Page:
The extras are accents or strong colours that you’ve decided to include. An accent piece can be a bold pair of shoes, accessories like belt, handbag and jewellery or a fun leather jacket.
I personally like combining pastel green with pastel purple. In autumn I’ll opt for darker colour palettes with maroon, navy and burnt orange.
Say you prefer earthy tones, you can switch it up with burnt orange and forest green accents. Kraye gravitates towards pastels in spring: “I personally like combining pastel green with pastel purple. In autumn I’ll opt for darker colour palettes with maroon, navy and burnt orange.”
Then there are metal colours like gold, bronze and silver to save your outfit of the day from looking flat. “You’ve put a fuchsia top on with white jeans; elevate that look with golden heels or earrings,” added Mai. “These tones make outfits look a lot more luxe.”
What’s in? Colour blocking!
We asked the experts to tell us what’s hot right now in the world of fashion, to inspire you on your palette journey. A German Dubai-based style coach of eight years, Silke Ahlden, says we’re all going across the colour wheel this year, and it’s totally cool.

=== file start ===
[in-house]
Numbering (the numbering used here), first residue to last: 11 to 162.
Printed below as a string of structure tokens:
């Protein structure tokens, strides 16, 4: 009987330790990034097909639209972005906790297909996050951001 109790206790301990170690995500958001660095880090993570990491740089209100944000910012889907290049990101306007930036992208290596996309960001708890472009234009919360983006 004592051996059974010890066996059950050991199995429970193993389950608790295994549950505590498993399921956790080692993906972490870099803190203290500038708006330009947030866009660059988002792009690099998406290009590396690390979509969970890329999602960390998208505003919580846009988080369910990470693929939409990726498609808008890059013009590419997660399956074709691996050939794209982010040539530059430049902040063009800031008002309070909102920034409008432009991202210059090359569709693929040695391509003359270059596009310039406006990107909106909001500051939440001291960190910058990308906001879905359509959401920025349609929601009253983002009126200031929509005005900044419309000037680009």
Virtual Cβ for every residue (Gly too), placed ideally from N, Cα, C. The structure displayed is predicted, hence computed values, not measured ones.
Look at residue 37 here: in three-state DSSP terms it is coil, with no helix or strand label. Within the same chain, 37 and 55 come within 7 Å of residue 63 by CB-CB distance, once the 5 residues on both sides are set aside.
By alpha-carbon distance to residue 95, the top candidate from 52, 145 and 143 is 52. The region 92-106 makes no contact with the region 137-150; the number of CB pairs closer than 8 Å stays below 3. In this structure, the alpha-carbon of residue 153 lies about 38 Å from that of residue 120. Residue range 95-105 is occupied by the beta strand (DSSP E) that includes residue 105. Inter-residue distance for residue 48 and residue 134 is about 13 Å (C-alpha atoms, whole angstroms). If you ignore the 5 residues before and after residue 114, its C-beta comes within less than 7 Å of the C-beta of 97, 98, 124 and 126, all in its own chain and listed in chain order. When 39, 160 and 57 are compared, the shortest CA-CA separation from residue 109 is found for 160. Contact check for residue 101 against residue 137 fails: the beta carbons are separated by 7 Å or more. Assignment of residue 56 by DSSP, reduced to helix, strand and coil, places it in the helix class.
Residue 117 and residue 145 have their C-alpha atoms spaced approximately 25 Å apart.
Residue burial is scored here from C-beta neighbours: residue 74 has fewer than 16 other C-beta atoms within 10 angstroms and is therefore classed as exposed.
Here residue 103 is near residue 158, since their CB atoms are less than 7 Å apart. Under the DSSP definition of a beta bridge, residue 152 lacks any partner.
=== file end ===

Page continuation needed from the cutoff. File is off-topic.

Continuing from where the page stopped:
From pairing bright green and purple to orange and royal blue, which sit on the opposite ends of the wheel, the fashion industry is currently in love with colour blocking. Luxury brands like Coach and Versace walked the runway with their spring/summer 2022 collection last year in bold primary colours.
High contrasting tones can come from your shoes, hat or handbag, too. If you want to try your hand at it, Mai says you can never go wrong with electric blue. “It suits a lot of different skin tones. When people are afraid of colours, I tell them to try out electric blue.”
There’s no pressure to follow trends, though. It’s all about having fun with the colours you like. One thing’s for sure – with a fixed palette in mind, your shopping spree is going to be a breeze.